Essential cleaning supplies: A young woman in activewear ducked into Bunnings to collect a new broom and a large set of Vileda microfibre cloths on Thursday morning. In Melbourne, she would have had to order it online

Tradesmen will be allowed to enter the stores under the new restrictions but other customers will need to either order online or use the contactless drive and collect system.

Bunnings stores around regional NSW will remain open to customers. 

The popular hardware store had earlier popped up on several exposure sites listed for the state prompting reporters to ask Ms Berejiklian why she hadn’t closed the retailer during lockdown. 

Sky News’ Andrew Clennell at the start of the month asked the premier why a range of stores including the Reject Shop and Bunnings were kept open when essential retail was meant to be closed. 

Ms Berejiklian claimed NSW’s lockdown rules were ‘some of the harshest’ the nation had seen, but admitted ‘non-critical retail’ such as the Reject Shop should be closed.

‘Why is Bunnings open?’ Clennell asked. 

The premier turned her gaze away from the reporter and said ‘next question’, ignoring his attempts at a follow-up.

Ms Berejiklian’s dodge of the question sparked uproar on social media given the store has often appeared on exposure site lists.

Business journalist and commentator Janine Perrett tweeted: ‘Poor form. Berejiklian is asked a very valid question as to why so many Bunnings are turning up on exposure sites and still open to public and she simply refuses to answer.’ 

Under Victoria’s Stage Four lockdown restrictions, Bunnings was closed except to tradespeople seeking items for essential or emergency repair work.

One Twitter user suggested Victoria’s approach to Bunnings was a model for NSW. ‘It’s not rocket science.

Is this Bunnings purchase proof Sydney is in a 'mockdown' ... or an entirely reasonable purchase of premium potting mix? Australia is riven by a bitter debate over whether the country's biggest city keeping the major hardware store open

Is this Bunnings purchase proof Sydney is in a 'mockdown' ... or an entirely reasonable purchase of premium potting mix? Australia is riven by a bitter debate over whether the country's biggest city keeping the major hardware store open

Is this Bunnings purchase proof Sydney is in a ‘mockdown’ … or an entirely reasonable purchase of premium potting mix? Australia is riven by a bitter debate over whether the country’s biggest city keeping the major hardware store open

A customer grabs some goods out of her trolley after a brief shop at the popular warehouse

A customer grabs some goods out of her trolley after a brief shop at the popular warehouse

A customer grabs some goods out of her trolley after a brief shop at the popular warehouse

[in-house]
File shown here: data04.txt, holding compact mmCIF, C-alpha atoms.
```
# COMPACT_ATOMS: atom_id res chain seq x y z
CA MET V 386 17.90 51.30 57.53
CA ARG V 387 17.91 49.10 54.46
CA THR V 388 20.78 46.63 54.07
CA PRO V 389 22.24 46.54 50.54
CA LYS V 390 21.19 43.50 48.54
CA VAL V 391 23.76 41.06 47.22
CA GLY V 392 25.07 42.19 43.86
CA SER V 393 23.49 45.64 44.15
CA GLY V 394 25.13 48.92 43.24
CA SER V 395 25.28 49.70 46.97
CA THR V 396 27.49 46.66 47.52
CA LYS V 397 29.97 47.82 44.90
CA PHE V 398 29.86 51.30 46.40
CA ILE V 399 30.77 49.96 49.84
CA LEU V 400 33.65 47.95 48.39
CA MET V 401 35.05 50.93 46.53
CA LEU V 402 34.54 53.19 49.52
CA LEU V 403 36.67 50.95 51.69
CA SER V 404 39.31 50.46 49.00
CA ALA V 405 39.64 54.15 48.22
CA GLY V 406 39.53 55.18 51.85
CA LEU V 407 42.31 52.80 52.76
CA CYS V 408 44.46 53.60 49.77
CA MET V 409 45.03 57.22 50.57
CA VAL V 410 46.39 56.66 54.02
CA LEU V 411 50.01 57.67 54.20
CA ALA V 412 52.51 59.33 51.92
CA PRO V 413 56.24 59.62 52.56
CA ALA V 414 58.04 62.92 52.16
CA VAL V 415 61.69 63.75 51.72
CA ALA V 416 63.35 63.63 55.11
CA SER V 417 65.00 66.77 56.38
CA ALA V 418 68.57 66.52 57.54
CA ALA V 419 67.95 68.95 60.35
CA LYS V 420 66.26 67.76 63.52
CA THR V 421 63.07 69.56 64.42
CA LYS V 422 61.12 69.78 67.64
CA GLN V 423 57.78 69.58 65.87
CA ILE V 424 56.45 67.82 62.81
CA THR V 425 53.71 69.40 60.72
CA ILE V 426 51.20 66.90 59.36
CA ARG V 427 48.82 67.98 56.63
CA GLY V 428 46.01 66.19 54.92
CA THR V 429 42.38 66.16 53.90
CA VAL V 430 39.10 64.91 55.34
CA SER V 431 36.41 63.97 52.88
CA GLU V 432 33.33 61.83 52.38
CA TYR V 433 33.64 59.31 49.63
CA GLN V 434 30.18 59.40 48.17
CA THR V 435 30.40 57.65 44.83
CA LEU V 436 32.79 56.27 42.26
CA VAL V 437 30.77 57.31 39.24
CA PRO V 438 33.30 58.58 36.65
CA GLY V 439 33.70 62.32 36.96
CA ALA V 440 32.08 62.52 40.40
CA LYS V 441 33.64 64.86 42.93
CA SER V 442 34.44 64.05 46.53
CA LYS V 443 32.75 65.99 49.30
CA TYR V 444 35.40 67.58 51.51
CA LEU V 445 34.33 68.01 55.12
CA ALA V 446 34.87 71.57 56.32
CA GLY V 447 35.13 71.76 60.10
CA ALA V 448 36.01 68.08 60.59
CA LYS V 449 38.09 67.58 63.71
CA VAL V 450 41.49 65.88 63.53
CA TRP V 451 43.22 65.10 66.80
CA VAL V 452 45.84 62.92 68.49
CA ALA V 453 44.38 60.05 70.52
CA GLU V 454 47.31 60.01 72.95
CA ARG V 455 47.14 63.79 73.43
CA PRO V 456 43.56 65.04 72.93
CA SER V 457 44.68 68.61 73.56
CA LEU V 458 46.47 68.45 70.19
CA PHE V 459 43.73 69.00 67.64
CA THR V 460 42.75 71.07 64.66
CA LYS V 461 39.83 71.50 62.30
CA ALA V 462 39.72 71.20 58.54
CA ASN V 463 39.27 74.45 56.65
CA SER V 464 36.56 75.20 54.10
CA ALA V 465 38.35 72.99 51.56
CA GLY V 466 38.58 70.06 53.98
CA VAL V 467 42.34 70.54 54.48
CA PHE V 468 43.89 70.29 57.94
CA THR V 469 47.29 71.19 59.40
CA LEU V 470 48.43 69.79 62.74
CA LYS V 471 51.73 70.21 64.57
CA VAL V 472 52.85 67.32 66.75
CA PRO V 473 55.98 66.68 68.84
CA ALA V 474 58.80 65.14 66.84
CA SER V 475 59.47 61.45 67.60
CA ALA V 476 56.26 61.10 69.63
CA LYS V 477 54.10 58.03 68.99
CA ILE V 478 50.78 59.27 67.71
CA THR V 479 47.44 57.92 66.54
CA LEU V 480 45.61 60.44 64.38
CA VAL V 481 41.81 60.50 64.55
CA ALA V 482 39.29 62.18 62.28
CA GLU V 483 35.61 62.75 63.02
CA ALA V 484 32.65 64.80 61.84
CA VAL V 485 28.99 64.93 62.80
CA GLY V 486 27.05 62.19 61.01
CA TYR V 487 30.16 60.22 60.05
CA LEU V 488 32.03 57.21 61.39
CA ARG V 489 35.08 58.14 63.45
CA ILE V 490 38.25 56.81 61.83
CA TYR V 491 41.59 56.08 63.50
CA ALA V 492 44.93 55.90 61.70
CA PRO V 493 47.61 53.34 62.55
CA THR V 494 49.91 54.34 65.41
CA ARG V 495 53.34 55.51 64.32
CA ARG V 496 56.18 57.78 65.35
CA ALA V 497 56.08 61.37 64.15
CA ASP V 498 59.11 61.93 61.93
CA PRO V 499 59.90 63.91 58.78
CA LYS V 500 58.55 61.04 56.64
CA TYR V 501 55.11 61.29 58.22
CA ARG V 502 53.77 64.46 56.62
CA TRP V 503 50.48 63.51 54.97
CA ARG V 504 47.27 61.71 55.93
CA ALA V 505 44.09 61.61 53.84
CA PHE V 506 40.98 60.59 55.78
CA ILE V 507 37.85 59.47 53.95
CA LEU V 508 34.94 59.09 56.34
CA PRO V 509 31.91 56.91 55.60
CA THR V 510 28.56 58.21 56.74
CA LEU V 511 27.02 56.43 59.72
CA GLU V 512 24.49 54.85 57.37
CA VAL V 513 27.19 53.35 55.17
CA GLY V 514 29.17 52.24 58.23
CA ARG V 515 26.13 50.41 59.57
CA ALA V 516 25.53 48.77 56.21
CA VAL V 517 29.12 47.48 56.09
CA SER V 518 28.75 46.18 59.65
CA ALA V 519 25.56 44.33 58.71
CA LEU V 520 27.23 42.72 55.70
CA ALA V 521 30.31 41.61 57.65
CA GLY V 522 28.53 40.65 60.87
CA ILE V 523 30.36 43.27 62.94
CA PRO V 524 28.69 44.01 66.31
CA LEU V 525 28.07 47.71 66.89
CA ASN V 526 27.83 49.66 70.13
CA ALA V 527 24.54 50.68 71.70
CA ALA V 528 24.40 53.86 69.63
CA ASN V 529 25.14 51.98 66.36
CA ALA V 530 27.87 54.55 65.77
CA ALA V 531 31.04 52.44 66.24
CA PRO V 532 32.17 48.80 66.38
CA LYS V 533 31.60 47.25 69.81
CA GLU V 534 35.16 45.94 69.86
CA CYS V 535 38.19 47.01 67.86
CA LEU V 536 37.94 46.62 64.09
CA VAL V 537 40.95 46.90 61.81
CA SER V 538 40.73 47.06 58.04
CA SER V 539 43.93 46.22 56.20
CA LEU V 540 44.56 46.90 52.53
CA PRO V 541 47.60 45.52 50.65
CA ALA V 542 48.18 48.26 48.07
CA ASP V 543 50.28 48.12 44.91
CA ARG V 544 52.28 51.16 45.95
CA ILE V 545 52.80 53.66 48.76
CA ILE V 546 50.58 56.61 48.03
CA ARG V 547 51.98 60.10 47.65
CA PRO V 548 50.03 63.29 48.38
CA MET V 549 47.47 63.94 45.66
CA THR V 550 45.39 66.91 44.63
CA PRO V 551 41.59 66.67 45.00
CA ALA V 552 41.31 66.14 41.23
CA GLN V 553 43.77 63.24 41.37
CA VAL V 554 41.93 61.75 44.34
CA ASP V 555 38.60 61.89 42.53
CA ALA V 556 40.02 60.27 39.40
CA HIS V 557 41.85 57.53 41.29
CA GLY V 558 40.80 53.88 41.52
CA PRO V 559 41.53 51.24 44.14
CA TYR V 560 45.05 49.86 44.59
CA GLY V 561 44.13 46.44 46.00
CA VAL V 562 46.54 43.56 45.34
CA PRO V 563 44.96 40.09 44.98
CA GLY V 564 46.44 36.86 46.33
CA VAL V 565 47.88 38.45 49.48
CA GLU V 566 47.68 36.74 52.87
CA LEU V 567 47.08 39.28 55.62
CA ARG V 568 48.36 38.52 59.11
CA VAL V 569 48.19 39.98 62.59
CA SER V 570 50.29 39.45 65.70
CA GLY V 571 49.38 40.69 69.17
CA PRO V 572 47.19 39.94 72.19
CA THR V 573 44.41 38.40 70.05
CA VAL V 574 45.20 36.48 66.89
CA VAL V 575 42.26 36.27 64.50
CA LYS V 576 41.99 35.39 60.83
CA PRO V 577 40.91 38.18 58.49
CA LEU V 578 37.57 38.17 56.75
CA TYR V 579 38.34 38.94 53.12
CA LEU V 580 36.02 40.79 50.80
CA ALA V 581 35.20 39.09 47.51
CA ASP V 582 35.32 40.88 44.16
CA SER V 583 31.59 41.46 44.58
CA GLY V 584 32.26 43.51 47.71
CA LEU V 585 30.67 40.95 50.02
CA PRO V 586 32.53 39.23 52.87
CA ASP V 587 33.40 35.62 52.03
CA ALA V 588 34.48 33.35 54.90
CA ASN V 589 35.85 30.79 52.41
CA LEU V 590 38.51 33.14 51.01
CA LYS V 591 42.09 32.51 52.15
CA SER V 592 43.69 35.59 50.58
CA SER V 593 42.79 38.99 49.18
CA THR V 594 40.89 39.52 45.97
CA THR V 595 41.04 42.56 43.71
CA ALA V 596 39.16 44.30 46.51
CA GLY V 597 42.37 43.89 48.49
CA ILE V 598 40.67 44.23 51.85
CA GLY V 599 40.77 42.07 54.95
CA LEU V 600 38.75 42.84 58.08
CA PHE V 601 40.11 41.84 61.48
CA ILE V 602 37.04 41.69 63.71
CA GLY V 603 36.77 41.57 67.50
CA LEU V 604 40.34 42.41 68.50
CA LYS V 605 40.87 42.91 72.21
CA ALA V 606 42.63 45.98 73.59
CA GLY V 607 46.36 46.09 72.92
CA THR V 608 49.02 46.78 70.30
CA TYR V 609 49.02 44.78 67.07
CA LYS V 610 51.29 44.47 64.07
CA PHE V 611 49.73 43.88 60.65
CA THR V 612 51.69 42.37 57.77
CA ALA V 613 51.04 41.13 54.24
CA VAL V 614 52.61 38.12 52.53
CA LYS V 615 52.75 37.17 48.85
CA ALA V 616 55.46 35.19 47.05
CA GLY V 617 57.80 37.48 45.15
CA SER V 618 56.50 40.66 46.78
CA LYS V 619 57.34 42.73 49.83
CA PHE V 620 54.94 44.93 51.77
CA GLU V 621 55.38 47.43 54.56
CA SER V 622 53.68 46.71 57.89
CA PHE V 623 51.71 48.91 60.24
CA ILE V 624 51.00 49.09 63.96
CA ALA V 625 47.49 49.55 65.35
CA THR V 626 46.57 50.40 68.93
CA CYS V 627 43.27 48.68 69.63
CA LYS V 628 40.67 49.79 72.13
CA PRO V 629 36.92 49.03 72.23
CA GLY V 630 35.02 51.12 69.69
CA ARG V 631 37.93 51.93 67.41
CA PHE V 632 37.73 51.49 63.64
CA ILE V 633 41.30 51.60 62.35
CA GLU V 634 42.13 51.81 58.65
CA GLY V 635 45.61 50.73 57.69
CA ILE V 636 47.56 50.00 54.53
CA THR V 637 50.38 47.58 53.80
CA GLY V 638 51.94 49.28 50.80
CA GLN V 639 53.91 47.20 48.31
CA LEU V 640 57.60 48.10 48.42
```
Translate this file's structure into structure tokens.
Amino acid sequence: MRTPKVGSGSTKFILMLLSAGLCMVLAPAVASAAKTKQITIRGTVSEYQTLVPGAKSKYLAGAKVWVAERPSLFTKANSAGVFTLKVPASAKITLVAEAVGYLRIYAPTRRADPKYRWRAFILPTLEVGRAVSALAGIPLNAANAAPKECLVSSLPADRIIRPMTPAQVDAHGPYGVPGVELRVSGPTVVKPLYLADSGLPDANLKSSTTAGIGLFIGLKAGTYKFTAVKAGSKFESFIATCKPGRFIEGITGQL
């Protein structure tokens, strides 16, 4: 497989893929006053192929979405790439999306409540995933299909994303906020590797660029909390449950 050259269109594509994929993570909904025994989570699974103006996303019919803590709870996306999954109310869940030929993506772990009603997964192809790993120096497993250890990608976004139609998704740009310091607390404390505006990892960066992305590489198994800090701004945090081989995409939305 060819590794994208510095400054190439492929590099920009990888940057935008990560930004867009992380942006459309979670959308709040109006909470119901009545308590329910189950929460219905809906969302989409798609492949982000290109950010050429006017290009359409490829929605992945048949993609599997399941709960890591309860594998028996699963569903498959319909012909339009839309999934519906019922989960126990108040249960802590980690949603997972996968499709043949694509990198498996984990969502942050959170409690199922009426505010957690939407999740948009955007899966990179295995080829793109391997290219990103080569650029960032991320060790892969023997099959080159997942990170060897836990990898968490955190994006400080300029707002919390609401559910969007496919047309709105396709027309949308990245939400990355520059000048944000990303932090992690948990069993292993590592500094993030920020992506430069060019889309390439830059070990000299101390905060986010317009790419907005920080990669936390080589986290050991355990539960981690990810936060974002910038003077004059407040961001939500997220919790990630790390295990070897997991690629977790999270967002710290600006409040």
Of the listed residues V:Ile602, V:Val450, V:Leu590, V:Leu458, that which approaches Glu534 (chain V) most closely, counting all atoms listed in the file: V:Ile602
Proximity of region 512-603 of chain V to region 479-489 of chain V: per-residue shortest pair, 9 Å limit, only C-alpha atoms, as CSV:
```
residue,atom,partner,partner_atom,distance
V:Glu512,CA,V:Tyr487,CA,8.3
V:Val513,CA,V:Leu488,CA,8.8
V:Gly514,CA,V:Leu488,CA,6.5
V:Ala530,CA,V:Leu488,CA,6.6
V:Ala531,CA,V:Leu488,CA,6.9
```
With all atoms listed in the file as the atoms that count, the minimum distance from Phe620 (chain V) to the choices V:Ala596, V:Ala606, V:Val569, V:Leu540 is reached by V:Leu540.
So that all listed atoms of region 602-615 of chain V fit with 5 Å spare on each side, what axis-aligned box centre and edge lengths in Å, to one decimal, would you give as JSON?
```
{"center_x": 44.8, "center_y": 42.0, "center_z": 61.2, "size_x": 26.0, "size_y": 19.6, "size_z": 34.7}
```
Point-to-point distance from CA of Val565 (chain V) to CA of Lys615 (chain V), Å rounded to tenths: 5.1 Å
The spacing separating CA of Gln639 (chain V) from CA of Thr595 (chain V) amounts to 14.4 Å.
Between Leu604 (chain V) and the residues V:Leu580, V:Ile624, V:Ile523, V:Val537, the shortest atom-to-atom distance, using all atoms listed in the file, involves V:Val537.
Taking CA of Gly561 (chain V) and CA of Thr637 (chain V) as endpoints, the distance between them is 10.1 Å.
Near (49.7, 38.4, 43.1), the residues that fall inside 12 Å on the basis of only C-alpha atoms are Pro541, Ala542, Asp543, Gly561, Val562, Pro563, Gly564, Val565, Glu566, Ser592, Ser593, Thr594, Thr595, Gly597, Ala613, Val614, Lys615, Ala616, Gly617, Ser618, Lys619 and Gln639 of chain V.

Ducking in for some basics: This customer took home a shelf on Thursday

Ducking in for some basics: This customer took home a shelf on Thursday

A dutifully masked woman carries her new paint roller and handbag to her car

A dutifully masked woman carries her new paint roller and handbag to her car

Ducking in for some basics: Dutifully masked customers pick up a shelf (left) and a paint roller (on right) respectively  

A couple heap their new belongings into the back of their car - including a sturdy-looking new broom

A couple heap their new belongings into the back of their car - including a sturdy-looking new broom

A couple heap their new belongings into the back of their car – including a sturdy-looking new broom

Many members of the ‘close Bunnings’ brigade appear to be anxious residents of other states, who fret the city’s Delta outbreak will engulf the nation.

The demands appear to stem in part from Melbourne’s harsh, but ultimately successful, hard lockdown of 2020.  

Then – and now, in the city’s current lockdown – warehouses were only open for tradies, with the wider population required to click ‘n’ collect. 

‘Why not click & collect? Like Melbourne does during lockdown? It’s just common sense’, one social media user railed. 

 There were 20 exposure events at Bunnings stores in the 14 days to August 6.

Meanwhile, critics point to hard numbers that show Covid keeps popping up at Bunnings stores. 

According to a startling tally, compiled by a Twitter user, there were 20 exposure events at Bunnings stores in the 14 days to August 6. 

That included six exposures at Bunnings Greenacre alone – a venue right in the centre of hard-hit south-west Sydney.  

Keeping the fires burning: A couple pick up a half-dozen of BBQ coals and a roll of carpet from the warehouse superstore on Thursday

Keeping the fires burning: A couple pick up a half-dozen of BBQ coals and a roll of carpet from the warehouse superstore on Thursday

Keeping the fires burning: A couple pick up a half-dozen of BBQ coals and a roll of carpet from the warehouse superstore on Thursday 

Gardening supplies were popular among shoppers likely keen to spend some time getting their hands dirty in the yard - given there are few other legal activities available to Sydneysiders

Gardening supplies were popular among shoppers likely keen to spend some time getting their hands dirty in the yard - given there are few other legal activities available to Sydneysiders

Gardening supplies were popular among shoppers likely keen to spend some time getting their hands dirty in the yard – given there are few other legal activities available to Sydneysiders 

Even some Bunnings staff admit their customers don’t need to be there.  

‘Ninety per cent of people don’t need to be here,’ one worker told Daily Mail Australia. 

‘They need groceries and petrol only’. 

‘Why aren’t some of these businesses shut?’ Sky News political editor Andrew Clennell thundered at Ms Berejiklian’s press conference last Wednesday. 

‘Can’t you go harder with this lockdown because what you are doing at the moment hasn’t reduced the numbers? Why is Bunnings open?’ 

Ms Berejiklian dismissed the barrage of questions. 

But there is another side to the debate – not least that millions of Sydney residents are…